So I started 2018 with my two favourite things; a period and a visit to the gynaecologist – yahoo, lucky me! Going into the appointment I had two things in mind: a) I hope its a female gynae and b) I think I’m going to come out with a prescription for the pill. Well the gynae was a man so that was an excellent start. I’ve never been bothered about having a male doctor for “intimate” situations, it’s more that in Swansea Dr M asked me what was wrong and then interrupted me every time I spoke – all that resulted in was fruitless surgery and a dodgy belly button. I wanted things to be different this time. Unfortunately, things started the same way. He asked me what my symptoms were and the moment I opened my mouth he just started talking over me and before I knew it he was saying, “so we need to get some hormones in you” and I just said “NO.” Happily, he shut up and listened while I explained that this was no longer just a situation of bad period pain. I told him that the pain and the repercussions of it were creeping in my life in serious and unwelcome ways and he finally said the words I’ve always wanted to hear: “can I examine you?” For avid #Periodically readers, you’ll know this is a momentous moment. Read: Why didn’t the gynae look at my vagina? to see why.
This was horribly awkward because I was on my period but also because the chaperone, who is there to make me feel comfortable, got waaaay too close while I was changing. But it turns out, the exam was uncomfortable for another reason.
Reclothed and a little lubey, I sat back down at his desk and he immediately said “OK you have a superficial problem too, it’s not just your internal system”. I didn’t even care what it was at this point, I just wanted to cry about the fact that all it took was a 30 second exam for someone to finally be like “oh yeah, there’s a problem”. He went on to explain that some of my pain, specifically my dyspareunia (pain during sex) is being caused by the uncontrolled clenching of my vagina upon penetration. Yep, I just wrote that #sharingiscaring. This has a name, vaginismus, sexy right? So he starts listing the treatments for vaginismus; “definitely counselling, probably physio and possibly anti-depressants”. I should have been fairly concerned at this point, but instead, my mind immediately went to Charlotte in Sex and the City…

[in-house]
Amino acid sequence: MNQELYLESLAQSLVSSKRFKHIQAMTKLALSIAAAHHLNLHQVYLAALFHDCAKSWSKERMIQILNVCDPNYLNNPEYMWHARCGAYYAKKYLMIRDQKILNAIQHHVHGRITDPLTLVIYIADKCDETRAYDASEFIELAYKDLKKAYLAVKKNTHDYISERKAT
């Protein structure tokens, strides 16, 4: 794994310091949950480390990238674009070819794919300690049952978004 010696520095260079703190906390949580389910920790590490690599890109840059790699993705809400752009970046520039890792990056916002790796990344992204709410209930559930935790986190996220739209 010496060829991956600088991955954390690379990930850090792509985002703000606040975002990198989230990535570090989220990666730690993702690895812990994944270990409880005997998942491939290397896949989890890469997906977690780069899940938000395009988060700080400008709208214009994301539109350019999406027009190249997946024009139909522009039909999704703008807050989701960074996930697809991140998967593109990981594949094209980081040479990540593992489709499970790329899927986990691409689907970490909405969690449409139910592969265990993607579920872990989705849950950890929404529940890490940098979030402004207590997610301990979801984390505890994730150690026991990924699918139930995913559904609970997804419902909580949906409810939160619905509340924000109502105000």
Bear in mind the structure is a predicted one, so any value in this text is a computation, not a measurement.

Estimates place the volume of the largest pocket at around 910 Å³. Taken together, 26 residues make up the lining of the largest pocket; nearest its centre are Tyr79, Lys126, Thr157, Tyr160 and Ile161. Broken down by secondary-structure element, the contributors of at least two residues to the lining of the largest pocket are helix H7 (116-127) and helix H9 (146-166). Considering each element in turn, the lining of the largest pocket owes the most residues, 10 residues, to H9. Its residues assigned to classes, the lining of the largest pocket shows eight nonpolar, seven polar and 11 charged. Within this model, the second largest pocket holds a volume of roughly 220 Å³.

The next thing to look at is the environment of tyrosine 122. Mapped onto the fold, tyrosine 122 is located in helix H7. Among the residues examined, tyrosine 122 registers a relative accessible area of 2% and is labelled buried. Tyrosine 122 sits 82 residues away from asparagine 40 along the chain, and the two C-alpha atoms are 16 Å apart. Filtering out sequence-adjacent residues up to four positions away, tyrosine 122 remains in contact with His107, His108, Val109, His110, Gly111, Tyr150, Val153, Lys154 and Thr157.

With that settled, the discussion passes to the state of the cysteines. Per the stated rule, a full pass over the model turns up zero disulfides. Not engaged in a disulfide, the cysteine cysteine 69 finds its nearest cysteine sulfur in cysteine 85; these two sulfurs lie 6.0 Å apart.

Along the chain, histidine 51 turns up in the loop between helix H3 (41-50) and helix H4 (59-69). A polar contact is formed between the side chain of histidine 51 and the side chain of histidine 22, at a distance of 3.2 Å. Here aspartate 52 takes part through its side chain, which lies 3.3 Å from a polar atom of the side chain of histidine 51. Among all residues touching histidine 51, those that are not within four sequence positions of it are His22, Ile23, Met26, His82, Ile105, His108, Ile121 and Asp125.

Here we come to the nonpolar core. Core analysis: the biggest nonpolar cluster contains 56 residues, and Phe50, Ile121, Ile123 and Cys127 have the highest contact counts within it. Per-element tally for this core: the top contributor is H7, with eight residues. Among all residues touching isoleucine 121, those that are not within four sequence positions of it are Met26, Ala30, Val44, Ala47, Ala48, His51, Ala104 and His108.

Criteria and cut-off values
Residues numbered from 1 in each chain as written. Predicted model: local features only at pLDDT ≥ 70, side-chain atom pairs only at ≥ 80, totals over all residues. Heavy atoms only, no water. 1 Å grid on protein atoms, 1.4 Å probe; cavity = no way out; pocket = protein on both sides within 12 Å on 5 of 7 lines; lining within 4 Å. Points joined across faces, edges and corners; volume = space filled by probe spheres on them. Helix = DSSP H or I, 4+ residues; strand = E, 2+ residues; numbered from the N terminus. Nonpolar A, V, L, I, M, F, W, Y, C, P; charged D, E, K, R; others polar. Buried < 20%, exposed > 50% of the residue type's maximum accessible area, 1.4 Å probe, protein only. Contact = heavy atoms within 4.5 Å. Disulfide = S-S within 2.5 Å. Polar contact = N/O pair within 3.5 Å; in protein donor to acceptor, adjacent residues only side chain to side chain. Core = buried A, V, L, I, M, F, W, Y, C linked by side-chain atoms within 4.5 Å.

I’m not surprised, given the difficulty of pelvic examinations in the past, but I am not exactly comforted by this diagnosis as my dyspareunia is described as deep dyspareunia, meaning the pain I experience is more internal than my vagina, it is “deep”. To me it feels a bit like a chicken or the egg situation. Did I always have vaginismus, or did I get vaginismus because my vagina is like “wow don’t go in there, it’s a mess”. My instinct is the latter, but I guess we’ll find out in therapy! My gynae’s referred solutions have to be arranged by my GP and so it’s probably going to take a while, but this feels like progress, albeit it disheartening, worrying and a little sad.
The other result of the gynae appointment was that I now have, as predicted, a pill prescription. I expressed all my concerns, and other doctors’ concerns regarding DVT and breast cancer, but the gynae was confident that going on the pill will not only help with my symptoms, but that it has the potential to cure them. We also had a discussion about what pill I am *happy* to go on. It could of course be that if I come off the pill in two years everything will come back, and it could also being that going on the pill will do sod all to help me, but at this point it’s worth a shot. I won’t be starting the pill for a few weeks, so I’ll write a blog soon about my thoughts and feelings about going back on – as you can imagine, there are a lot.
Sorry this was a long one, but me and my depressed vagina needed some processing time before writing this. There’ll be more, but in the mean time I’m going to go and learn a little more about vaginismus, how I feel about going back on the pill and maybe I’ll even re-read Naomi Wolf’s chapter about the Vagina-Brain connection – I feel like I’m going to need it more than ever.
How are we feeling about the new #Periodically picture? Yay, nay?